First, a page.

Please let me know if you have any questions, comments or stories to share on gardening, permaculture, regenerative agriculture, food forests, natural gardening, do nothing gardening, observations about pests and diseases, foraging, dealing with and using weeds constructively, composting and going offgrid.
Pond building seems like an addiction looking back. We regularly have periods of construction, but there were long periods, even of decades when we just enjoyed the ponds, did koi breeding, and took dips in them in the summer heat.
A while ago I wrote about the way we use biofiltration, fish and plants in a natural swimming pool system as part of our water saving strategy on a tight budget. I’ve also written about garden ponds in general and my ecosystemic design plans for our old pond.
First I will give you a little history of our pond building. Our first fish pond on the spot was a giant pvc sheet weighted down by water in a 1 metre deep v shaped hole. We’re built on at least 3m of sand, an old sand dune, and subsidence bedevilled this pond.
As an alternative we submerged a deep portapool into the ground close by and this also subsided, bulging the liner inward. So I built a circular brick retaining wall in the ground for the portapool. The pond became part of a four pond koi breeding system. All was well for decades, till tree roots ripped its base and the leaks just wouldn’t seal. Then all the above ground portapools but one were drained and packed up as the house was put on the market, but we found no buyer.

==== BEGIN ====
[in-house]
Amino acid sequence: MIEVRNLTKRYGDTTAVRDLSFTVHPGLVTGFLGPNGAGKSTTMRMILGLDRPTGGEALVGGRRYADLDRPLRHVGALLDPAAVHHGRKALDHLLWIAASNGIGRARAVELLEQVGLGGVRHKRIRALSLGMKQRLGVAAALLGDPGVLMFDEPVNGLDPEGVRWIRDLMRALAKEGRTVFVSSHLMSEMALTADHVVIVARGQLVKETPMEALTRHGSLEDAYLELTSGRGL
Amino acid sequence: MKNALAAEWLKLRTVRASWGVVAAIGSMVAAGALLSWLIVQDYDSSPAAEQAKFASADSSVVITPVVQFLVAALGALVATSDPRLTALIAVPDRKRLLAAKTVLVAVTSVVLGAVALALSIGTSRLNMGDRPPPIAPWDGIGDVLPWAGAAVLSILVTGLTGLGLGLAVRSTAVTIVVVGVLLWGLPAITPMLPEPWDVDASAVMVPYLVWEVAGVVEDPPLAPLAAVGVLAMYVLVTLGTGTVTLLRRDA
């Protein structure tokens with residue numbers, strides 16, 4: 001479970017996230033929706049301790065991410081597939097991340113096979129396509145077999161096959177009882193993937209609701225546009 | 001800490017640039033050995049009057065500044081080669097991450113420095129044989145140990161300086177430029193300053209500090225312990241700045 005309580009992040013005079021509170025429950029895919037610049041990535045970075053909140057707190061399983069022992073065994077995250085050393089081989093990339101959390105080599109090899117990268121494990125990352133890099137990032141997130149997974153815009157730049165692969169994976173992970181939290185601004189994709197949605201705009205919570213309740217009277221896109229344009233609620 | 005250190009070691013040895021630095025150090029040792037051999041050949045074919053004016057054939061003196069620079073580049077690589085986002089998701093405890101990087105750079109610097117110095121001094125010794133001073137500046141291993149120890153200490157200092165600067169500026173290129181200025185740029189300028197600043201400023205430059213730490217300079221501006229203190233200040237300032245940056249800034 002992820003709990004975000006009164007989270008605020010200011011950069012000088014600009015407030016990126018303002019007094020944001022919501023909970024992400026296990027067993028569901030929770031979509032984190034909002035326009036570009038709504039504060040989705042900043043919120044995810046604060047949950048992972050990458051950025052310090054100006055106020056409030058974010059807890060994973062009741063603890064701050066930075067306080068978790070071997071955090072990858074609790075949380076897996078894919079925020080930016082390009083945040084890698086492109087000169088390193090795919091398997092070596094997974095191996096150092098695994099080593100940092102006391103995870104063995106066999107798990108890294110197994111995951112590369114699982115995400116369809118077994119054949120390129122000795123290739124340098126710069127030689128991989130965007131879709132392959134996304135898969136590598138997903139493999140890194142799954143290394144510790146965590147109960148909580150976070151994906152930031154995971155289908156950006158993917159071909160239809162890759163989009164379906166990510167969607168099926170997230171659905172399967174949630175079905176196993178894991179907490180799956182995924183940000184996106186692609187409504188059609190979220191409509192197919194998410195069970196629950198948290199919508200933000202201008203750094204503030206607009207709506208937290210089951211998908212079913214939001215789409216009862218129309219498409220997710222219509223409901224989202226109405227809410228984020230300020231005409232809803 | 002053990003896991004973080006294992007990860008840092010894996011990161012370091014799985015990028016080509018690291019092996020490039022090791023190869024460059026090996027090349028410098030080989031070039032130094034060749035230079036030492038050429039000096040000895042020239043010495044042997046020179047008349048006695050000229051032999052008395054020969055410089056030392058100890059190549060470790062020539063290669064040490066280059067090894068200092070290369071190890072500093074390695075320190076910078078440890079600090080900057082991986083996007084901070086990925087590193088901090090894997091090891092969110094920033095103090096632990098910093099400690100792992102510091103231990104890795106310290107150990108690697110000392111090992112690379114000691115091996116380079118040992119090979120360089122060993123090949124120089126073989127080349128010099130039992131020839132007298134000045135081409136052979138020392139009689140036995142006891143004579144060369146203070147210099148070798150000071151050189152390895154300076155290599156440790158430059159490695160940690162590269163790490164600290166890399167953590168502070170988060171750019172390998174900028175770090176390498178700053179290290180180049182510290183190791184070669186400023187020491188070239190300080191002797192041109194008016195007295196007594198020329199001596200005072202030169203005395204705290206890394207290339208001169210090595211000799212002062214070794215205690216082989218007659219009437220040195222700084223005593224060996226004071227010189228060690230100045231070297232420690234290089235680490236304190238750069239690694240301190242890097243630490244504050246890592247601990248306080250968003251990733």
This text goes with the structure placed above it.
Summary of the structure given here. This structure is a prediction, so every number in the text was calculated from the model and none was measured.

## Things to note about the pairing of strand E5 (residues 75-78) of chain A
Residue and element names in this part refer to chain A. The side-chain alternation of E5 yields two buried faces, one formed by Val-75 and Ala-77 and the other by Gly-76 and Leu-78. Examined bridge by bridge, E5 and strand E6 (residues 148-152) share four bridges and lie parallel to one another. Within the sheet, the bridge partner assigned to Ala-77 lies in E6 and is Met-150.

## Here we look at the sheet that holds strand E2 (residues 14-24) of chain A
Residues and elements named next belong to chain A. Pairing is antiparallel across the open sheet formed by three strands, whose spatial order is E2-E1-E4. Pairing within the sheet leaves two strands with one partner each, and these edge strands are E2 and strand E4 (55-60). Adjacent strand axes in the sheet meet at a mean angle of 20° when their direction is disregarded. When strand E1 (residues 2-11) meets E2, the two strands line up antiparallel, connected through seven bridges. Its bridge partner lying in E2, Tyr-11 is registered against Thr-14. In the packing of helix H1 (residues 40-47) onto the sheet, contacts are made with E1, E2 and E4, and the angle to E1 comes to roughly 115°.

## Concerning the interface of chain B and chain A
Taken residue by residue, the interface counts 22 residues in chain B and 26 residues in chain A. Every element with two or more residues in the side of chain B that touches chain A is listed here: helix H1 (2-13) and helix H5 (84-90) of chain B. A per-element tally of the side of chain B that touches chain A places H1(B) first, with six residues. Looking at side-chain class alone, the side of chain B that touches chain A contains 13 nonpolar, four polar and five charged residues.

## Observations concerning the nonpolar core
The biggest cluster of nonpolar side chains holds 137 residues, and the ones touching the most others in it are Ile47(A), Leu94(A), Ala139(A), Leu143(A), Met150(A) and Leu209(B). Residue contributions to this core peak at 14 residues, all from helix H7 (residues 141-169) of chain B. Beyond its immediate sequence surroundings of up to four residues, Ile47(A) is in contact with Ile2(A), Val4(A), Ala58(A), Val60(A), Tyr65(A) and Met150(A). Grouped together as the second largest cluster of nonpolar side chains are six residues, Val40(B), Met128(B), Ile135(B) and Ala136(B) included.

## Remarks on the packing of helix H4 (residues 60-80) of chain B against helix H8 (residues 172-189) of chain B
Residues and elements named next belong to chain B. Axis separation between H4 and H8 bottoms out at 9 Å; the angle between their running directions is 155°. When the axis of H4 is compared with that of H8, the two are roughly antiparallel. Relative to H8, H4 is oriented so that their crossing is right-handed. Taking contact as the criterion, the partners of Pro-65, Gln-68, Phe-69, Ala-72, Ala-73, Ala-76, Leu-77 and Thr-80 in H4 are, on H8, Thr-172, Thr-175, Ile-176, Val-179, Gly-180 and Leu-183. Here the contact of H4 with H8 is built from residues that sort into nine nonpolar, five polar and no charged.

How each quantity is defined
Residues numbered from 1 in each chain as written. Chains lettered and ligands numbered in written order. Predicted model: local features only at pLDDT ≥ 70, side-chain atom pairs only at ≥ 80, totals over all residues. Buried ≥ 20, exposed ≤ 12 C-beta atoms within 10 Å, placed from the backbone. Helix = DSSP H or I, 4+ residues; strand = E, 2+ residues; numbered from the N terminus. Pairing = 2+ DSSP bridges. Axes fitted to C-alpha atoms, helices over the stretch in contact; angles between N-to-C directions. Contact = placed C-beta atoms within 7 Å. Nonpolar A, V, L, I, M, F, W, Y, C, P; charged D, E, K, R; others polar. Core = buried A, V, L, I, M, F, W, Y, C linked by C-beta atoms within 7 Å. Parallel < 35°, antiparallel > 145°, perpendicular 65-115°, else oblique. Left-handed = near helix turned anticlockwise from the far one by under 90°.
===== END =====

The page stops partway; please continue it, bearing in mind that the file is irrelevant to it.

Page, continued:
After that I decided to repair and improve the pond, because fish breeding, my husband’s passion, requires more than one pond. Then we had a terrible drought, which is still ongoing, and the need for more rainwater storage capacity became evident.
In this article you will see how we built up the circular brick retaining wall above ground and cast the bottom. Ponds level with the ground get more blown debris, so the above ground wall is for keeping it clean. The wall was plastered and I ordered a PVC industrial grade liner. After that my partner and I felt a concrete bottom was needed. It would stave off root penetration which wrecked the old pond that was in the ground.
So the team who have always worked together on our pond through its checkered history and shared Koi fish and general pisicine enthusiasm for a quarter century, got together to cast a base on the pond.
These are my husband Stephan Kloppert (Koi breeder, worm farmer and food author) and his old friend Marc Niehaus (Aquaponics systems expert, fish breeder and very expert builder). We are exceedingly grateful to Marc for sharing his skill.
installing bottom drain
cementing drain in place
If there are going to be fish in the pond, we’ve found a bottom drain is a must. We bought a large one which will lead under the ground to vertical 100 mm stand pipe. This is pipe whose lip is lower than the pond surface, into which another loose pipe is wedged so tight that water doesn’t leak out, ideally. The loose pipe can be pulled out and the water pressure then forces the water near the bottom drain out through the pipe in a rapid gush, flushing out sediment and settled fish feces. 100mm is needed to get enough pull to do and also to prevent blockages. This water is very nutrient rich.